Posts

Study of supermarket meals gives food for thought

Medical Xpress 
A recent study in Australia found that supermarket ready-to-eat-meals generally should have been classified as unhealthy, but still received a passing grade from the Health Star ranking system.  Lead researcher Dr. Claire Pulker from the School of Public Health at Curtin University said 54 percent of the meals were found to be unhealthy according to the Australian Guide to Healthy Eating. As more people are buying these products due to COVID-19, it is important that they understand the health risks. Read more

Seattle Turns Soda Tax Revenue into Emergency Grocery Vouchers During Pandemic

Next City

Seattle is using its soda tax fund to provide emergency $800 grocery vouchers for 6,250 families. Sent in two installments, the first round of vouchers that can be put toward groceries have already been mailed. The second round will be mailed in April. Read the story here

Combatting a sweet tooth: the role of health marketing

Biomedical Central

A recent study published in BMC Public Health aimed to determine whether Public Health England’s Sugar Smart campaign was effective in altering dietary behaviour, by assessing any impact of the campaign on sugar intake among children aged 5-11 years. Overall it was found that the health marketing campaign raised awareness of sugar in food and drinks in both parents and children, impacting food consumption in families.  Read the article here

Cereal numbers may be deceiving

Reuters (appeared in the Montreal Gazette)

Parents may allow kids to eat too much sugary breakfast cereal because the suggested serving size is smaller than they realize, a new U.S. study suggests. The cereals with the most sugar also tend to have child-oriented marketing such as mascots, games, colours and fun shapes, researchers found in a study of brands that have pledged to help reduce added sugars in kids’ diets. “When you compute the amount of sugar by weight of the cereal, the sugar content is quite high and higher than federal recommendations,” said Jennifer Emond of the Dartmouth School of Medicine in Hanover, N.H., who wasn’t involved in the study. Read the article here

You can find the study here (paywall)

“Sugar Tax” being Applauded by Health Advocate Groups in BC

Radio NL

Dr. Tom Warshawski is praising the BC government’s decision to add the “sugar tax” to soft drinks, but believes more could be done. “I think taxes on sugary products are important, but it should be an excise tax that only the federal government can do. But, these types of discussions are really important because there’s a lot of marketing around drinking sugary drinks, in favour of it and kids are bombarded by it.” Read the article here

See also The Globe and Mail (subscriber paywall)|  Doctor says B.C.’s tax on sugary drinks will help kids lose weight, improve health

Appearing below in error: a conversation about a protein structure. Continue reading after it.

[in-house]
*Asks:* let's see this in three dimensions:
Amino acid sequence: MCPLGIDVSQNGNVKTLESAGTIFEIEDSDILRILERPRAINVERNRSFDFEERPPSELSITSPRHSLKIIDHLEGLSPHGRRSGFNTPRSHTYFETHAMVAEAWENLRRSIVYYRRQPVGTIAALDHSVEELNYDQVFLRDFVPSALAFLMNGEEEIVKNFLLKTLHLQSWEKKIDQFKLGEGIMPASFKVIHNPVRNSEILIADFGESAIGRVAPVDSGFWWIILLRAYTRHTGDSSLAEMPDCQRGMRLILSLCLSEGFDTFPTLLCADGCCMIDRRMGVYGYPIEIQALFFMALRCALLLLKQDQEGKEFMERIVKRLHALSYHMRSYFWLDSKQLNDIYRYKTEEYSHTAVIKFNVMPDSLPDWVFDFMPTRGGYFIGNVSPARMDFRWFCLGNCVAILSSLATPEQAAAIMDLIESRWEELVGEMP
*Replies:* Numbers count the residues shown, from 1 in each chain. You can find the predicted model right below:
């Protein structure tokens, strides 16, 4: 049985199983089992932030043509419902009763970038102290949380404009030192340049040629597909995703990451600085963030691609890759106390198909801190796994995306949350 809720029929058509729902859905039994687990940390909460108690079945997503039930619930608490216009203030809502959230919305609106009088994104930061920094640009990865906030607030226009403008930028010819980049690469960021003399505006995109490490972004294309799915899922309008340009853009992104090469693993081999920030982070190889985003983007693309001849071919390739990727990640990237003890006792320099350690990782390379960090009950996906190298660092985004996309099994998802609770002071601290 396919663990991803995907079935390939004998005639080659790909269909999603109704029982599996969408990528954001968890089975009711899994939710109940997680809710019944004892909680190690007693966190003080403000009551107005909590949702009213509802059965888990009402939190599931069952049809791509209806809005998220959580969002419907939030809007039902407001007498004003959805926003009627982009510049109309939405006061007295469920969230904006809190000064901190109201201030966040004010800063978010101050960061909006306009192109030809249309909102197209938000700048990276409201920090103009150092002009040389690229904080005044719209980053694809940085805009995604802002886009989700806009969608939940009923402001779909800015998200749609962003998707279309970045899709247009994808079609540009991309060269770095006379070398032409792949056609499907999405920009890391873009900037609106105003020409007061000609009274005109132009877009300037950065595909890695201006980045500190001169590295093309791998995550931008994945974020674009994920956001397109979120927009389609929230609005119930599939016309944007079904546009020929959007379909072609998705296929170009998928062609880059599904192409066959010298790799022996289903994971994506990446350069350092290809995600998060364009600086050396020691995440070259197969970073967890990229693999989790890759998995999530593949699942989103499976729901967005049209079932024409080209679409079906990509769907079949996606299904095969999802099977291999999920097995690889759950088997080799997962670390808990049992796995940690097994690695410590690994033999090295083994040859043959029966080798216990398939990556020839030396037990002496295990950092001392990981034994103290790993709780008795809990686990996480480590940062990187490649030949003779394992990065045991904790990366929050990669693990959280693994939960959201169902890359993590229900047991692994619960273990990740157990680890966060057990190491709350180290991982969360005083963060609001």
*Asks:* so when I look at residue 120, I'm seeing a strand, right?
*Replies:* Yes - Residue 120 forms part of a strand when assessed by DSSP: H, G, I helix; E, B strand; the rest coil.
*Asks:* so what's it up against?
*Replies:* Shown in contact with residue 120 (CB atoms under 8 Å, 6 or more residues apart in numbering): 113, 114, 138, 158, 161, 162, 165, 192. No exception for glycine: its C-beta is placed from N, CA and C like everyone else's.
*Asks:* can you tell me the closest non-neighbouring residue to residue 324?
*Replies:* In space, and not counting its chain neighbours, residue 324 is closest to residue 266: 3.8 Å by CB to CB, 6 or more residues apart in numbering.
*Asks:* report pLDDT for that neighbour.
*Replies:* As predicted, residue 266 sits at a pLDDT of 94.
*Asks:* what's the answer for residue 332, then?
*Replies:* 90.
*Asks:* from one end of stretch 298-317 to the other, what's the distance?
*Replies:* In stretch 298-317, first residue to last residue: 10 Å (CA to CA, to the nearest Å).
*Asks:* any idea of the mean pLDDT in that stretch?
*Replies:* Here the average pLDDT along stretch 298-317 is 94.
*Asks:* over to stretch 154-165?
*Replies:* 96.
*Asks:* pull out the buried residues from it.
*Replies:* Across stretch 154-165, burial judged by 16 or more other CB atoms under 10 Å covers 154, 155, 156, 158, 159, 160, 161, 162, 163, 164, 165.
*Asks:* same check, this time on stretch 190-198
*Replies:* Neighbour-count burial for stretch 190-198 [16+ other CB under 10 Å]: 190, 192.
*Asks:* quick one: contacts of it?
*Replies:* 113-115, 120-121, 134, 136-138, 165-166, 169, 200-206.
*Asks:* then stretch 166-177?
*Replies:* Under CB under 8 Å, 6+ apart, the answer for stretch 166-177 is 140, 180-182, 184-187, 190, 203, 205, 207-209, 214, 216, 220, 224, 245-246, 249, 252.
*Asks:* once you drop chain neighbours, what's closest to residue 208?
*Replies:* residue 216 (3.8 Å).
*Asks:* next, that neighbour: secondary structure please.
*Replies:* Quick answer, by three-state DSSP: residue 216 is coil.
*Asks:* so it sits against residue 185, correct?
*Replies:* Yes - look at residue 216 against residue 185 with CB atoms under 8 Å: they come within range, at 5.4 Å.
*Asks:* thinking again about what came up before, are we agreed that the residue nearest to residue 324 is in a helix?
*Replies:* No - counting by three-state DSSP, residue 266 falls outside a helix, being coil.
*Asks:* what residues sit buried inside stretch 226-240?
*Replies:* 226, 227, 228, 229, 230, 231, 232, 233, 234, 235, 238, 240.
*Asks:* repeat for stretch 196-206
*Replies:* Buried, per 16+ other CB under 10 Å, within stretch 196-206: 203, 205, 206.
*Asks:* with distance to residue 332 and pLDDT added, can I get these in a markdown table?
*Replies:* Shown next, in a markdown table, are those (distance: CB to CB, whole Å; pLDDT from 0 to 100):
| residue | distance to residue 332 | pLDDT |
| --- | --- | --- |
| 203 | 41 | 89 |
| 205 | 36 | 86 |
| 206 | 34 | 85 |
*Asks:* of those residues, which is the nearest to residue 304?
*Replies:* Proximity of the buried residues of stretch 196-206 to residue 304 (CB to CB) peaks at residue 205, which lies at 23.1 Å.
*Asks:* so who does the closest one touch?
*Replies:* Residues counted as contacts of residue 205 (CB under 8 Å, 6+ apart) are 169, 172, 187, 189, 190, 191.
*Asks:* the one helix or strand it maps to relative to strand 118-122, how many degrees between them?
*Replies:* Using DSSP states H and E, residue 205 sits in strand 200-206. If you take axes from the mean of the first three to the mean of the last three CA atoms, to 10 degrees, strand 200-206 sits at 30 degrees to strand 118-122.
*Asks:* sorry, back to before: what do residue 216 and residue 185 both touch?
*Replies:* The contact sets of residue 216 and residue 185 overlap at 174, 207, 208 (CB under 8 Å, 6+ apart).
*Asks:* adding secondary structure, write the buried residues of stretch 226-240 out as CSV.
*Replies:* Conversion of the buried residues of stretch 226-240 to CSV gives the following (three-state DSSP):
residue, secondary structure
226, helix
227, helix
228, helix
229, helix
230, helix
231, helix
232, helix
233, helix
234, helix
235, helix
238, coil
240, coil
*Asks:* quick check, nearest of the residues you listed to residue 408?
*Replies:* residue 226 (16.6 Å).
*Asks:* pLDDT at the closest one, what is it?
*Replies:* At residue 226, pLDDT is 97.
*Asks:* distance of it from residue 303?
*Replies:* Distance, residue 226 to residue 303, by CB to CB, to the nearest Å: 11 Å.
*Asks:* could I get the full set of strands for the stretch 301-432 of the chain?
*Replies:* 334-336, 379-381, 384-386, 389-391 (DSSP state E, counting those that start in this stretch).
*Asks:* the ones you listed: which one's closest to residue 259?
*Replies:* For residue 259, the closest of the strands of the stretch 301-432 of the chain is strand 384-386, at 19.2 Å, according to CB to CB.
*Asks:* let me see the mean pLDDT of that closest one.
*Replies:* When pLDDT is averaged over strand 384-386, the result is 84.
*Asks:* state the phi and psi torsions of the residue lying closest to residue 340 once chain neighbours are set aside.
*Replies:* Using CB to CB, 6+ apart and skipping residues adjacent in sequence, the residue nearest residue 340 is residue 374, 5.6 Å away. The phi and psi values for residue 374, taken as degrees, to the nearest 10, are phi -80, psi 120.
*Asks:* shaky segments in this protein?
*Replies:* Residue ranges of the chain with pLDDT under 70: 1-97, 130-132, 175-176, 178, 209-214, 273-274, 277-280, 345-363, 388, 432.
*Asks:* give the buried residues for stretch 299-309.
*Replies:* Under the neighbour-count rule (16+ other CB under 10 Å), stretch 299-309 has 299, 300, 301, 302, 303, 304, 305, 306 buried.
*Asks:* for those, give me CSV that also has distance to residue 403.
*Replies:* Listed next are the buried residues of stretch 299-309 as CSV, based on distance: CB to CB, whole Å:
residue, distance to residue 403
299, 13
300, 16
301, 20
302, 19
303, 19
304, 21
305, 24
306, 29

Are Foods Labeled ‘Low Sugar’ Misleading Consumers?

New York Times

A recent study that examined millions of grocery store purchases in the United States found that dubious claims about sugar, salt and fat were common. Many fruit juices that claimed to be low in sugar, for example, tended to have added sugars and more sugar than comparable juices with no claims on them. Some breakfast cereals labeled low in calories had more calories than the cereals that did not make calorie claims. Read the article here.

B.C. Budget 2020: High-income earners, pop drinkers to pay more taxes

Vancouver Sun

The government will end a Provincial Sales Tax exemption on sugary drinks, such as pop, starting July 1. Adding the seven-per-cent PST to such beverages will generate more than $30 million annually. “I think it’s interesting if you take a look at the largest consumption of pop, sweetened drinks, it is 14 to 18 year olds,” said Finance Minister Carole James. “We want to make sure we’re doing our part to set them on the stage of having a healthy life ahead.” Read more.

Sugary Drink Consumption Plunges in Chile After New Food Law

The New York Times

A study found that a law requiring warning labels on unhealthy foods made a swift difference in purchases of sodas, bottled water and juices. Consumption of sugar-sweetened drinks dropped practically 25 per cent in the 18 months after Chile adopted a raft of laws that included promoting restrictions on unhealthy meals, front-of-package warning labels and a ban on junk meals in schools. Read more

‘Sugar tax’ drives down sugar content in soft drinks, study finds

BBC Science Focus

The sugar content of soft drinks has undergone a “striking” reduction since the introduction of a sugar levy in the UK, researchers have found. Drinks manufacturers have cut the amount of sugar in their products since the levy of between 18p and 24p a litre was introduced in April 2018. The Oxford University research, published in BMC Medicine, claims there has been a 29 per cent reduction in the total amount of sugar sold in soft drinks in the UK between 2015 and 2018. 

You can read the article here

Sweet spot: Norwegians cut sugar intake to lowest level in 44 years

The Guardian

An annual report on the Norwegian diet reported that average annual consumption of sugar had plummeted from 43kg to 24kg per person between 2000 and 2018 – including a 27% reduction in the past decade – to a level lower than that recorded in 1975.  Norway has had a sugar tax since 1922 and more recently has created separate taxes for confectionary and sugary drinks.

Read the article here.